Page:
"There should be no difficulty in operating these machines. ECIL engineers will be there," say the election officers. The gismos will be introduced in 1,149 polling stations -- one for use and one as a back-up. The experiment, Vijayavargiya feels, is likely to be well received. Voting machines deter booth capturing, are environment-friendly and produce swift results. MP spends Rs 60 million on ballot paper alone.
Much of Reddy's and Vijayavargiya's efforts go in ensuring that the state's legion of voters have polling stations as close by as possible "Two kilometres is the norm," says Reddy.
Says Vijayavargiya, "a voter must not have to walk beyond 2 km. But in some rural areas where people are used to walking we increase this to 3 to 4 km." On this mission Reddy and Vijayavargiya have toured most of the districts and held meetings in 12 divisional headquarters. MP, however, possesses a remote area -- Abujhmad in Bastar -- where polling booths are 15 to 20 km apart.
A large map hangs on the wall of Vijayavargiya's office detailing the types of electoral constituencies -- constituencies prone to caste conflict, communal trouble, Naxalite interference or political rivalry. Says Reddy, "It is very difficult to say which the peaceful areas are. Anything can go wrong anytime, anywhere. Indore, for instance, is considered an area of communal disturbance. But Indore was very peaceful during the last Vidhan Sabha election."
Reddy was stationed at Chhindwara during the general election. In February 1998, Chhindwara was the venue for 'booth capturing' and intense political rivalry. Says Reddy, "Our job is to keep the process going. To see that justice is delivered and there are level playing fields. To see that life, property, candidates, voters are safe. The voters must feel secure. What is the use if the voters feel insecure and do not to want to leave their homes?"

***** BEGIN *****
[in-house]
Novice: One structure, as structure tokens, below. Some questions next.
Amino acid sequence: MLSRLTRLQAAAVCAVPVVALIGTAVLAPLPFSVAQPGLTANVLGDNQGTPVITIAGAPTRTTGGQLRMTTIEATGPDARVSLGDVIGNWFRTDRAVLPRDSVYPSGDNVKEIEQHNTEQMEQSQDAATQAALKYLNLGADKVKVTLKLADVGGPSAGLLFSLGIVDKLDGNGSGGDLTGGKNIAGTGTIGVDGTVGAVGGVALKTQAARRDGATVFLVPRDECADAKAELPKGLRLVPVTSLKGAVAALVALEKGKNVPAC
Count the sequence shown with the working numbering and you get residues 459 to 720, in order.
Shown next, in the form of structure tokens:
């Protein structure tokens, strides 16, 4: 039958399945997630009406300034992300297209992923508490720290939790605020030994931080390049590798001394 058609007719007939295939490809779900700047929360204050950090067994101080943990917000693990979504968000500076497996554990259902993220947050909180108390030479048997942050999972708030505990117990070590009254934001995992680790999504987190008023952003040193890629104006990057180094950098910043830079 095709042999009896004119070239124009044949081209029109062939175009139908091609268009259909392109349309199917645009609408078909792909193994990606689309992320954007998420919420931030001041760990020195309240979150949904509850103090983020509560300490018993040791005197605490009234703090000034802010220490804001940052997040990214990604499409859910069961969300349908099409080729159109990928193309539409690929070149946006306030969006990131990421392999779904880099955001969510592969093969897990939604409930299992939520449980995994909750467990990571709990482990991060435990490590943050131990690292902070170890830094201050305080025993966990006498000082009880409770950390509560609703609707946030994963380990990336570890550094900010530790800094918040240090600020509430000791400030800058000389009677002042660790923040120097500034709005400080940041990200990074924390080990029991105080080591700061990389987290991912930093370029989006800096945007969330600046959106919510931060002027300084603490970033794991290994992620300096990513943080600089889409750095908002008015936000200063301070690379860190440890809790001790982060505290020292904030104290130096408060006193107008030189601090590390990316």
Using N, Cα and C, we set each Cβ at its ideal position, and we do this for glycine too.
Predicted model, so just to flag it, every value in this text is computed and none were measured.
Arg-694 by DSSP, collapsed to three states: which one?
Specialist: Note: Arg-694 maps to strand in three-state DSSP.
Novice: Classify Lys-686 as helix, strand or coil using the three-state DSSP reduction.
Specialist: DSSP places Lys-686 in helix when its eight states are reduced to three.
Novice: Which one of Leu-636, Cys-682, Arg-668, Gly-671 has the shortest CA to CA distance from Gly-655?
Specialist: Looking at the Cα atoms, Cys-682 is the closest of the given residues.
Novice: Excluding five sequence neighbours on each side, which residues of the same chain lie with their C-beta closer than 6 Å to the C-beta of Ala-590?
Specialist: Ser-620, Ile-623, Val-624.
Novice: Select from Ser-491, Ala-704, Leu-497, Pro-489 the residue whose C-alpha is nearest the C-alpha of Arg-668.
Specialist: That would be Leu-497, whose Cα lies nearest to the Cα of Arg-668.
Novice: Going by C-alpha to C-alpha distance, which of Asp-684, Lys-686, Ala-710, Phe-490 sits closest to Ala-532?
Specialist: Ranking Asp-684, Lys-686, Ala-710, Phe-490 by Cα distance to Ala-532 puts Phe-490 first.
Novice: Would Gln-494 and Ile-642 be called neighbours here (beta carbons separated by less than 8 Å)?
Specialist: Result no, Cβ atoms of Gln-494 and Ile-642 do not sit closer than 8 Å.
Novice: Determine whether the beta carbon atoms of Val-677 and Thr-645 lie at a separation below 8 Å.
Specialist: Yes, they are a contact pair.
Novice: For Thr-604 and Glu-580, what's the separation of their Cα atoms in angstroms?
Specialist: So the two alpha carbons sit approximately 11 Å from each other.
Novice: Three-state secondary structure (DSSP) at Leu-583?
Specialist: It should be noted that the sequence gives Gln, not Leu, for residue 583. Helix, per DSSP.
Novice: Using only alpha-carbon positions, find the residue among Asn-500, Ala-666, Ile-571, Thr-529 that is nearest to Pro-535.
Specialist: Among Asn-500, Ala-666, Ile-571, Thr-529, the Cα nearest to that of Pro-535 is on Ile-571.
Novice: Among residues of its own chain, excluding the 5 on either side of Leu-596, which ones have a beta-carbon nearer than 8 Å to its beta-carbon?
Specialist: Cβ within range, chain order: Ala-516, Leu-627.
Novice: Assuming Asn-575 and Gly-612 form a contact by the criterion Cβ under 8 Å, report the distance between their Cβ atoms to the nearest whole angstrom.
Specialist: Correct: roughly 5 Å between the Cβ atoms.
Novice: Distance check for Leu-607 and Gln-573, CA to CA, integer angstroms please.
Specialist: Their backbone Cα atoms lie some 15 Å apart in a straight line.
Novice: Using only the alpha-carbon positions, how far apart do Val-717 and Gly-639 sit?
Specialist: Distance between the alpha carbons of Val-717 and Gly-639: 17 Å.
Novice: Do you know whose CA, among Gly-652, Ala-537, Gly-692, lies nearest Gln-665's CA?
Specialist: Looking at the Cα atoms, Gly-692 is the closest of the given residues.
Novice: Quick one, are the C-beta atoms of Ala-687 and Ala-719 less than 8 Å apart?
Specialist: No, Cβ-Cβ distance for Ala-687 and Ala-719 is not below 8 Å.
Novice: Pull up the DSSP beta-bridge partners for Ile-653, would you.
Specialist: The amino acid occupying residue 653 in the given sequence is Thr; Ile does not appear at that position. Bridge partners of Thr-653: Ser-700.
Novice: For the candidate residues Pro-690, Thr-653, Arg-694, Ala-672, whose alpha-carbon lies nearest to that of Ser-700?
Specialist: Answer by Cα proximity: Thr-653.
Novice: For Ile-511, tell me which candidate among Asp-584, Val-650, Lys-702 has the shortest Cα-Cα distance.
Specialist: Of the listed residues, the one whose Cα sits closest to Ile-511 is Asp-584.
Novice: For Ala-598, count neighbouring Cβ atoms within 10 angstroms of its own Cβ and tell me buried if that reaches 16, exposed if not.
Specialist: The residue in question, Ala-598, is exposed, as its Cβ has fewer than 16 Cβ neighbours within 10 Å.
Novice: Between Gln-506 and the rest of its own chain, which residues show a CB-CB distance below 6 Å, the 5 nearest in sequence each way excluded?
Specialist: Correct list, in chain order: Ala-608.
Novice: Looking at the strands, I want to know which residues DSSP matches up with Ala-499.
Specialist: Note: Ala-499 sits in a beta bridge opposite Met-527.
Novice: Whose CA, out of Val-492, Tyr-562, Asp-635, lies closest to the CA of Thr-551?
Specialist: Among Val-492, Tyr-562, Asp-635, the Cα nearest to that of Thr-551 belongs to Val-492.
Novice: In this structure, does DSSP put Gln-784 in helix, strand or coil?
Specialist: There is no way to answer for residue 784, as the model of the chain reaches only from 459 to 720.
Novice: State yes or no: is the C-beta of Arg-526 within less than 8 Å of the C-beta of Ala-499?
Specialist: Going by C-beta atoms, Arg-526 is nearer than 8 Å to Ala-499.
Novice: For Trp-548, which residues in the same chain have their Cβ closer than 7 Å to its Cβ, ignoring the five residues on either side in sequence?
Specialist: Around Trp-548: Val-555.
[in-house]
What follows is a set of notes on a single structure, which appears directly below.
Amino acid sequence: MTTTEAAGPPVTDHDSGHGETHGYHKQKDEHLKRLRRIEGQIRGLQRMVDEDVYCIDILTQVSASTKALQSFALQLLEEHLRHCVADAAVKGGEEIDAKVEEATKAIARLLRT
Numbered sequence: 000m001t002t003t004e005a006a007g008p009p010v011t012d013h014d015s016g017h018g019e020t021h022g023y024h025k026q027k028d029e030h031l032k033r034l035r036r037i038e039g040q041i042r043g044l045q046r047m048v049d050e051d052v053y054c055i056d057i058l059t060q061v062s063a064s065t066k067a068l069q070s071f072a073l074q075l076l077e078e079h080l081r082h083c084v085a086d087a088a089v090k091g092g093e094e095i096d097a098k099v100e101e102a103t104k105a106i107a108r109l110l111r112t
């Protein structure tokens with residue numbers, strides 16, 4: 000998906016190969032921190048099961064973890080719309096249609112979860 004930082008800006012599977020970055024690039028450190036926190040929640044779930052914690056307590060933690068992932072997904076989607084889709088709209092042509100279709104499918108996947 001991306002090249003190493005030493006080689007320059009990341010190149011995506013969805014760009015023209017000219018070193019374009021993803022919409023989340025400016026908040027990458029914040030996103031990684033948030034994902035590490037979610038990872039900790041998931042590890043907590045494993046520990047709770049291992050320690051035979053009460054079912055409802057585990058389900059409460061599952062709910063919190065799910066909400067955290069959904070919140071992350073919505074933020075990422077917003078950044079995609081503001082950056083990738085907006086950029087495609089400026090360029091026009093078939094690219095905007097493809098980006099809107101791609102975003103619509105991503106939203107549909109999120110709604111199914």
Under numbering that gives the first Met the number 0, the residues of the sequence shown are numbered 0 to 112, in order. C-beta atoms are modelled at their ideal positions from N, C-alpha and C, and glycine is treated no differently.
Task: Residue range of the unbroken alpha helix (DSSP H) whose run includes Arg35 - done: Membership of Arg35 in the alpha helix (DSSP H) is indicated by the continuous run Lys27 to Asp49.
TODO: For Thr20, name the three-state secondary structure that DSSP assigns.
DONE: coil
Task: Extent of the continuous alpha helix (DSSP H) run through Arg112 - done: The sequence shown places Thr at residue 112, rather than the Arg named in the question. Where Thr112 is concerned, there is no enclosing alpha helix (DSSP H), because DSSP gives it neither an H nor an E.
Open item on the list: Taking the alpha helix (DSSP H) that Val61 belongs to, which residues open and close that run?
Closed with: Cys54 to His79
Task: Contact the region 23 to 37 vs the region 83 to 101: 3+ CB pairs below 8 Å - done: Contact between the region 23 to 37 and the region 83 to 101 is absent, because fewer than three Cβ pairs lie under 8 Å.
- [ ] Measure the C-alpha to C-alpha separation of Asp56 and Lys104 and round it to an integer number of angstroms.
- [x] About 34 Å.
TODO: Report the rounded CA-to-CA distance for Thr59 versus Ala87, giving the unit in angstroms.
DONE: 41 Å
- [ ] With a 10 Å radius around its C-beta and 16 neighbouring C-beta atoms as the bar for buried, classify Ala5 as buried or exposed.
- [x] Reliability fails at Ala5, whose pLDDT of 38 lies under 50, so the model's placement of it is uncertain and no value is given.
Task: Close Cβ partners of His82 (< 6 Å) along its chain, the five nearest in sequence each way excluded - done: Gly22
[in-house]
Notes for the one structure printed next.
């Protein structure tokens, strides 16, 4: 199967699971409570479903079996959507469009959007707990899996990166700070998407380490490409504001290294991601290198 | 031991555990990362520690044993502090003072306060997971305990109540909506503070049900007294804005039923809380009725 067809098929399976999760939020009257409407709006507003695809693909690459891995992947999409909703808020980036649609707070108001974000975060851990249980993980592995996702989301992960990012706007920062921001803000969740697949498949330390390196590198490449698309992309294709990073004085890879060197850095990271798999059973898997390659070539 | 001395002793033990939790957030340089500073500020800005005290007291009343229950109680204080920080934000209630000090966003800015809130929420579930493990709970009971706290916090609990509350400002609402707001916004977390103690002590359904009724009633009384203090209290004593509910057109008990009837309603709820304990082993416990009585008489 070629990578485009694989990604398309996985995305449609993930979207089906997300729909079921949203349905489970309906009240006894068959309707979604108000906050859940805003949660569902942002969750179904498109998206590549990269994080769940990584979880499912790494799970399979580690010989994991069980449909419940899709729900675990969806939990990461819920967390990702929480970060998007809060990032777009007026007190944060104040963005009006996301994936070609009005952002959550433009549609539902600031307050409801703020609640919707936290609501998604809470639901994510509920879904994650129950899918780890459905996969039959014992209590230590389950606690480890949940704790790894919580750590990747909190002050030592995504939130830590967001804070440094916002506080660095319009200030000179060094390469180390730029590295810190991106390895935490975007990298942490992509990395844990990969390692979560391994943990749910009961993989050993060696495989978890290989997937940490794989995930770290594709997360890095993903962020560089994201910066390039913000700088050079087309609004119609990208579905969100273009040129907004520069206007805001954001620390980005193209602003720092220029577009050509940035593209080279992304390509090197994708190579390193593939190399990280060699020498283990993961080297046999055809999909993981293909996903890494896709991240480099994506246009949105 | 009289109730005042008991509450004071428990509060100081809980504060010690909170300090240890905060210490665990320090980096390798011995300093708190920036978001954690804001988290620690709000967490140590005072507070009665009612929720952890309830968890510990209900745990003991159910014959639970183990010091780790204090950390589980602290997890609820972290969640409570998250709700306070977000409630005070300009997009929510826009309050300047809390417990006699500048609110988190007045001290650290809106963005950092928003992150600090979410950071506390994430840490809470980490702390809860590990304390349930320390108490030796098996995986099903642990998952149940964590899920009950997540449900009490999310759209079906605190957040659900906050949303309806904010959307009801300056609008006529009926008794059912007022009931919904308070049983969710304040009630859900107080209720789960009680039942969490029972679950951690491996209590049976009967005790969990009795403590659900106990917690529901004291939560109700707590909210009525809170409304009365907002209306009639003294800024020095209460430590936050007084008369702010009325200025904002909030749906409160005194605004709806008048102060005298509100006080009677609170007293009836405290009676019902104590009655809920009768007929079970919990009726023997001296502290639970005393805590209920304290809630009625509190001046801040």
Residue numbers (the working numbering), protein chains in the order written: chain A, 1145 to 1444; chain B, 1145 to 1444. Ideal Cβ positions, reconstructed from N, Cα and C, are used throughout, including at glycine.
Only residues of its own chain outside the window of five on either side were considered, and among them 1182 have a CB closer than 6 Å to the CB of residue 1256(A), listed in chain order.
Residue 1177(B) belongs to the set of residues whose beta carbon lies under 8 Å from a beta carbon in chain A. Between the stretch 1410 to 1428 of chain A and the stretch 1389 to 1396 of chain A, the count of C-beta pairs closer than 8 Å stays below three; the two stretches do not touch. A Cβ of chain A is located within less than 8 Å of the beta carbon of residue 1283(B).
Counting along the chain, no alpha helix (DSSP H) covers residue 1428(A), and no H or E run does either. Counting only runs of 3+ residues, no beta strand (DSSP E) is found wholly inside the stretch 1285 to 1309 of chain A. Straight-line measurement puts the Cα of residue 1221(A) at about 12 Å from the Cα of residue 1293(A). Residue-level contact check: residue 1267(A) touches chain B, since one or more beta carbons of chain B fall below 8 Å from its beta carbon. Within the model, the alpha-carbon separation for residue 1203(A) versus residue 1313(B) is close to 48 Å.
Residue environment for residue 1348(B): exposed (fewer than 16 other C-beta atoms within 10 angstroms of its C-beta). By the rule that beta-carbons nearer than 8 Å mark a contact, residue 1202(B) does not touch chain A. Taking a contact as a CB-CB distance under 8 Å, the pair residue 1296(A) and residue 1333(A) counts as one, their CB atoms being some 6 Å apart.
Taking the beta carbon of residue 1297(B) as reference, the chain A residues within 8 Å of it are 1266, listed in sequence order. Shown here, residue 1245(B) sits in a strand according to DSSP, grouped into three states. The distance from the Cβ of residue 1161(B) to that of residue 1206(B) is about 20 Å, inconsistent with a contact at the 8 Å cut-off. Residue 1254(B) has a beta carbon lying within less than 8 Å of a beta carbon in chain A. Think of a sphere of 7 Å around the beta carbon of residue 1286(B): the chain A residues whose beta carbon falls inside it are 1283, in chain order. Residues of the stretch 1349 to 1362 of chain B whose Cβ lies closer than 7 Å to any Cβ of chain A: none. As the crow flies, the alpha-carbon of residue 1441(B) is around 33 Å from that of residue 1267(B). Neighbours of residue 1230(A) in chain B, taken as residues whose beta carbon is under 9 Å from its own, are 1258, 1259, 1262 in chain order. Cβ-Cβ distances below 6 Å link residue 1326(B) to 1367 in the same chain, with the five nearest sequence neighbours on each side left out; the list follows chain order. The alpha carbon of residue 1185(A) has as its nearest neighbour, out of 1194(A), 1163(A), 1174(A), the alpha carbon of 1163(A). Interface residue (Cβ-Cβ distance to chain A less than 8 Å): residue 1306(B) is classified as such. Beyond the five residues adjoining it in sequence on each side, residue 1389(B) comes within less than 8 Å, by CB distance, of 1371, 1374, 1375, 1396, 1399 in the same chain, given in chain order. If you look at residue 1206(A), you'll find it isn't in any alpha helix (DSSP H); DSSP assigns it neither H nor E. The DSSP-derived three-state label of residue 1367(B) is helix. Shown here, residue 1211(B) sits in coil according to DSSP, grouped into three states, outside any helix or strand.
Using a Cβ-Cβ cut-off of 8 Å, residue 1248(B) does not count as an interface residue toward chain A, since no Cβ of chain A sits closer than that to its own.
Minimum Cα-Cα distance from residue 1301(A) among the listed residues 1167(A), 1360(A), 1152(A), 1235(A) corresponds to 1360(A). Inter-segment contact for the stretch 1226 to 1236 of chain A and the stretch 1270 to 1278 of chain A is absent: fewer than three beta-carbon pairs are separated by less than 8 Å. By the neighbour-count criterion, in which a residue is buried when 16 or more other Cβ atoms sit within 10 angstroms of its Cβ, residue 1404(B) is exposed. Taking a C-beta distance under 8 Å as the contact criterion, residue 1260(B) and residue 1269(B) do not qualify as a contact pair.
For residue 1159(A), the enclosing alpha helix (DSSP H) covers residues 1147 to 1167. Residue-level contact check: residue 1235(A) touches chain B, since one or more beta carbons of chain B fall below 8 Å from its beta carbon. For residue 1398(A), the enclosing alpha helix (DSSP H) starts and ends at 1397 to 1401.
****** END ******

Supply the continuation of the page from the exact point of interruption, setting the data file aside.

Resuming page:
Explains Vijayavargiya, "In Naxalite areas we have to make sure we deploy more police. Incidences of booth capturing is very low in Madhya Pradesh. But Bhind, Chhindwara, Chattarpur, Hoshangabad, Morena, Rewa, Satna have in the past registered strong cases of booth capturing."
Some of T N Seshan's electoral guidelines have made life easier for Vijayavargiya's officers. For instance, the number of candidates has come down due to more stringent qualifications for a candidate. This year, MP fields 2,510 candidates which is a healthy drop from the 3,729 candidates who ran in the last assembly election.
Resources are spent on ensuring fairplay in the voting process by bringing in a team of 80 observers from other states. Additionally, the election commission office despatches video teams to district headquarters to film, randomly, the election process.
Much of these measures evidently have shown results. Voter turnout increased to 61 per cent during the general election this year, from MP's earlier average of 54 per cent.
As large and complex as MP appears, when planning the logistics of an election, Vijayavargiya says, "it has become a routine exercise."
For Reddy, for whom coordinating an election from the headoffice of such a large state is a new responsibility, this election is very interesting. "It is challenging. It set the adrenalin flowing."